Shades of black
In India’s black economy, deals thrive outside the financial ambitin a parallel system. A lowdown.business Updated: Nov 05, 2014 00:46 IST
What is black money?
Black money is income on which tax is evaded. It represents a large part of a bustling economy where transactions are carried out in cash circumventing banking channels.
What is the size of India’s black economy?
The government has commissioned a study to estimate India’s “black money”, most of which is stashed abroad, and follow it up with a plan to retrieve it.
Which agency has worked out estimates of the black economy?
The new estimates, the first since 1985, have been compiled at the government’s behest by three think-tanks — National Council for Applied Economic Research, National Institute of Public Finance and Policy and National Institute of Financial Management. The report, which was submitted to the government in December, is speculated to have pegged the size of the black economy at about 30% of India’s gross domestic product (GDP) or about `30 lakh crore.
Which are the common areas to generate and use black money?
About a third of India’s black money transactions are believed to be in real estate, followed by manufacturing and shopping for gold and consumer goods. Property deals, bullion and jewellery purchases, financial market deals, rigging of markets through foreign entities through instruments such as participatory notes, manipulations through entities claimed to be constituted for non-profit motive, differing tax rates in various tax jurisdictions, under-invoicing and money laundering using the hawala, or the informal banking route, are among common methods used for generating black money.
How is black money generated using accounting manipulations?
Under-invoicing is a common accounting trick used by firms to evade taxes. Suppose firm X buys goods worth Rs 1 lakh from a vendor. The vendor will issue bills or invoice worth Rs 60,000 and receive the balance in cash, keeping it outside the tax net.
What about investments in unlisted companies?
Investments in hundreds of unlisted companies are under the government’s scanner for funneling thousands of crores of rupees of black money into the legitimate financial system through instruments such as convertible debentures.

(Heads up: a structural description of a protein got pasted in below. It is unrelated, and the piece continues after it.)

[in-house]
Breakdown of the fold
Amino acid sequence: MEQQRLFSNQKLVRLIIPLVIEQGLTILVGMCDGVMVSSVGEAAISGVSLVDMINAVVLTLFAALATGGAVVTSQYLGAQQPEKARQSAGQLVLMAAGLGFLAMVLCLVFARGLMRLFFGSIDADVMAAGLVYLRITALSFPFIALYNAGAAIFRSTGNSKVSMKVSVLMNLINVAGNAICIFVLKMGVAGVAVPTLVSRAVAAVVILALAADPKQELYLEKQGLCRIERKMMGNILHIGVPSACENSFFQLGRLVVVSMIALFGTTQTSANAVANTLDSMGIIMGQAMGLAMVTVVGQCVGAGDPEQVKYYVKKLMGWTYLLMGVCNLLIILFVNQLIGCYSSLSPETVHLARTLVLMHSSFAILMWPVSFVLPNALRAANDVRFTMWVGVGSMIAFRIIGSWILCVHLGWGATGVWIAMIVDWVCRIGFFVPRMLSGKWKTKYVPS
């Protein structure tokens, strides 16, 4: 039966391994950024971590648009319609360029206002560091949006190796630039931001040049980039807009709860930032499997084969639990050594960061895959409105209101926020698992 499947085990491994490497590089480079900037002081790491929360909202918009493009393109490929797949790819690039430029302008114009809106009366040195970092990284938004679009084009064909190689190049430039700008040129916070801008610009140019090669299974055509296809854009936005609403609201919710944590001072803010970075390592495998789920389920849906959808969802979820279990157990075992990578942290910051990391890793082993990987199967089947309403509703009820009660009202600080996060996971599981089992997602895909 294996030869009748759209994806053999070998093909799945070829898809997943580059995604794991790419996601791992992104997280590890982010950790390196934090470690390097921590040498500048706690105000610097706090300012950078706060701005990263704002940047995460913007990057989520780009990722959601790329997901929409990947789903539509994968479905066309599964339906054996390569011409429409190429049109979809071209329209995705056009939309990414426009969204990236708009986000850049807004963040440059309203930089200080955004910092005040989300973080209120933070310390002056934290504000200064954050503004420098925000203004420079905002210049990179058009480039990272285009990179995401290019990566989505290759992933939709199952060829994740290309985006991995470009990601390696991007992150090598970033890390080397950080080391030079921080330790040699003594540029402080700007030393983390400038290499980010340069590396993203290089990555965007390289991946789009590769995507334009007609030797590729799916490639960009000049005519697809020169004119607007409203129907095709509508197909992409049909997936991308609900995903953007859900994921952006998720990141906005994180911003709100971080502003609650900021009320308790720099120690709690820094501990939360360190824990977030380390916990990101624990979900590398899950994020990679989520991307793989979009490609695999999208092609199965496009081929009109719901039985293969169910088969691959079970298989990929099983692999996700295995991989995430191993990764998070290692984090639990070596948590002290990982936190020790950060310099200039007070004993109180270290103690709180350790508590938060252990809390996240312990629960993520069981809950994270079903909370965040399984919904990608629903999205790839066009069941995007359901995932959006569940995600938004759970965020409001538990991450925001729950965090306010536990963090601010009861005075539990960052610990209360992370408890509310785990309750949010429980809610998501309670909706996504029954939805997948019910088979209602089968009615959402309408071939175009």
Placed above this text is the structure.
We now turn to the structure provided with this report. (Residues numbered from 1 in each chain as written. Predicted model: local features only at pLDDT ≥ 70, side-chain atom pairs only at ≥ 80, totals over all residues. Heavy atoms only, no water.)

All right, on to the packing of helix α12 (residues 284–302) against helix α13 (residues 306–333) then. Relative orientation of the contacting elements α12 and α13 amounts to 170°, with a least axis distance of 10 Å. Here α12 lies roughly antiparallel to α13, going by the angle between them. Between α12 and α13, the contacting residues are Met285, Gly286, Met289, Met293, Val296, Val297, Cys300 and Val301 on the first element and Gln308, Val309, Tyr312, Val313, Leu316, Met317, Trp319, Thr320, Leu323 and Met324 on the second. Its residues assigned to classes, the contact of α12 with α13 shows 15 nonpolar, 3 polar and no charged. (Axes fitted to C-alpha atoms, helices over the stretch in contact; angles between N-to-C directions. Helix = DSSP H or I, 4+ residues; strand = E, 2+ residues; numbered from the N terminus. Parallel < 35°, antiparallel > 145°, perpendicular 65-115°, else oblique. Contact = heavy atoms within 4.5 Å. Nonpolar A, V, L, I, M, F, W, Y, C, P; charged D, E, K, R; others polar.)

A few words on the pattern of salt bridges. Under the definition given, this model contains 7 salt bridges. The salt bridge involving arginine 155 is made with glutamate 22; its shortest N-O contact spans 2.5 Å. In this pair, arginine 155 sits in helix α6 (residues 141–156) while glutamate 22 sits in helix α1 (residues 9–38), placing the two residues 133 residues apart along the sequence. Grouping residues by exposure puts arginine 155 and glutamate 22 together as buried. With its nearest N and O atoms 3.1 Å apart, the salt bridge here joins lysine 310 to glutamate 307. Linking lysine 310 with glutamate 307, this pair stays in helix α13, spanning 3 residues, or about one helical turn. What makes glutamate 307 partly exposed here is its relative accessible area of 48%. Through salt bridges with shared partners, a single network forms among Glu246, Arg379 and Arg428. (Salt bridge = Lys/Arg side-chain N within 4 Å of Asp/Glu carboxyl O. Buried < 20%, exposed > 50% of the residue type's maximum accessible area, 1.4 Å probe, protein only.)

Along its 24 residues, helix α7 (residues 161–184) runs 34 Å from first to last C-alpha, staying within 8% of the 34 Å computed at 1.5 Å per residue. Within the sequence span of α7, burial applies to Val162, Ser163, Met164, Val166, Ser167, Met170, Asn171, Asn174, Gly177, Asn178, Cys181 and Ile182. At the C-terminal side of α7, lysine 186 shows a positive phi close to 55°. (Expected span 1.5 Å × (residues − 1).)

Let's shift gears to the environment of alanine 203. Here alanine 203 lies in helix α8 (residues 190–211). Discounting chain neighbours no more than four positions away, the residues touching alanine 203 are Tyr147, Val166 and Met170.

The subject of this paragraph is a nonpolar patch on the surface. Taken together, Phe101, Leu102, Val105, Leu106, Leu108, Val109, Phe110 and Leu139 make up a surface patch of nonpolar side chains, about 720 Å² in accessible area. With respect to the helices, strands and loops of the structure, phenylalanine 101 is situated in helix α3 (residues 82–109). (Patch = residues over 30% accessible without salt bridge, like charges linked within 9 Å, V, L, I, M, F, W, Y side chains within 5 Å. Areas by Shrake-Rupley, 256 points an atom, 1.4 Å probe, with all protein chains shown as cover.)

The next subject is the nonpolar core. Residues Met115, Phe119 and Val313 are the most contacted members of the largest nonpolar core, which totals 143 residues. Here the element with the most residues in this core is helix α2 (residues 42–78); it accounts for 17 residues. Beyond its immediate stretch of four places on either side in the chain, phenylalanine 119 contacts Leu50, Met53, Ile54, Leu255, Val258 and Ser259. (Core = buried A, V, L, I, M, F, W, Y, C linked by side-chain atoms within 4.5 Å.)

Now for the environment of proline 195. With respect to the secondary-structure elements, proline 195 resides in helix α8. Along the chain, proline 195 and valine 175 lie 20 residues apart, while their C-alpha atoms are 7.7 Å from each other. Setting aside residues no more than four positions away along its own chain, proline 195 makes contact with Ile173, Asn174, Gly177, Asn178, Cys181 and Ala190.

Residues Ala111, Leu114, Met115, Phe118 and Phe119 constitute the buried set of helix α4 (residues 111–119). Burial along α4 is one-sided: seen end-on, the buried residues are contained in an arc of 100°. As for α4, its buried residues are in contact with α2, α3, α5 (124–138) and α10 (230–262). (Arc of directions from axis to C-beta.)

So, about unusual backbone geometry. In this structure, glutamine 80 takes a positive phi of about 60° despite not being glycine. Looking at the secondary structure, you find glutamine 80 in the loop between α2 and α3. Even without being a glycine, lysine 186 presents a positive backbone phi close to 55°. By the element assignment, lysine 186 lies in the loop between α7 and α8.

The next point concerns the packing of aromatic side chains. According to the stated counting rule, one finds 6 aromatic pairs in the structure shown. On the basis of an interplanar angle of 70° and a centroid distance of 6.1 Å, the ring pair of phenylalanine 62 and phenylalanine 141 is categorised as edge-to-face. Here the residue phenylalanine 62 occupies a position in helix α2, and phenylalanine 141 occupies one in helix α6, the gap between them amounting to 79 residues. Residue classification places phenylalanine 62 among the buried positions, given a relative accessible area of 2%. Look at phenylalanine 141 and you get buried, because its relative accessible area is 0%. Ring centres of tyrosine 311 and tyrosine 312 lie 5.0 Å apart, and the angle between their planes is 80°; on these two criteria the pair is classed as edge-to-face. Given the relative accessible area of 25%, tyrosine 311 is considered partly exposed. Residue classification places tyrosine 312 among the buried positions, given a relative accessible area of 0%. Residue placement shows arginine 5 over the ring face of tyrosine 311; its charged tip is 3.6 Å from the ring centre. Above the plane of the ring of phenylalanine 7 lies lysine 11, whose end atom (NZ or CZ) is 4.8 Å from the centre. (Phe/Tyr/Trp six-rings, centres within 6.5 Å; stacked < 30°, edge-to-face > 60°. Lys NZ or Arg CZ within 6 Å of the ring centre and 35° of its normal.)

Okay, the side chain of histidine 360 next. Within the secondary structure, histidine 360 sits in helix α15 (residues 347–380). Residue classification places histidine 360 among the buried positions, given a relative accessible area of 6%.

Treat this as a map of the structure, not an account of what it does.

How are convertible debentures used to hide slush funds?
Convertible debentures are instruments through which an investor exchanges funds, which he had lent, into equity later, thereby making them legitimate shareholders of the company. Since these are unlisted companies, disclosure norms are not stringent as these do not come under scanner of the Securities and Exchange Board of India.
What have the government done to track such transactions?
The government has tracked undisclosed incomes of more than Rs 50,000 crore over the last three years, while tax evasion worth over `1,000 crore has been detected from inputs from foreign countries. The revenue department is pursuing more than 50,000 pieces of information regarding suspicious transactions received from overseas and domestic agencies. Nearly 12,500 inputs on assets and payments received by Indian citizens in several countries have been obtained, “which are now under different stages of processing and investigation”. The government has introduced compulsory reporting in case assets held abroad and has also begun tax collection at source in case of purchases in cash or gold or jewellery in certain cases.
How can black money be put to productive use by thegovernment?
If hidden incomes of Rs 30 lakh crore were to be disclosed and taxed at 30%, it would generate about Rs 9 lakh crore, enough to build a 2,000-bed super-speciality hospital in each of India’s 626 districts. Alternately, it could offer a “zero-tax” year for all individuals and companies, and still enable a sufficient budget that funds all expenses, including salaries and welfare schemes.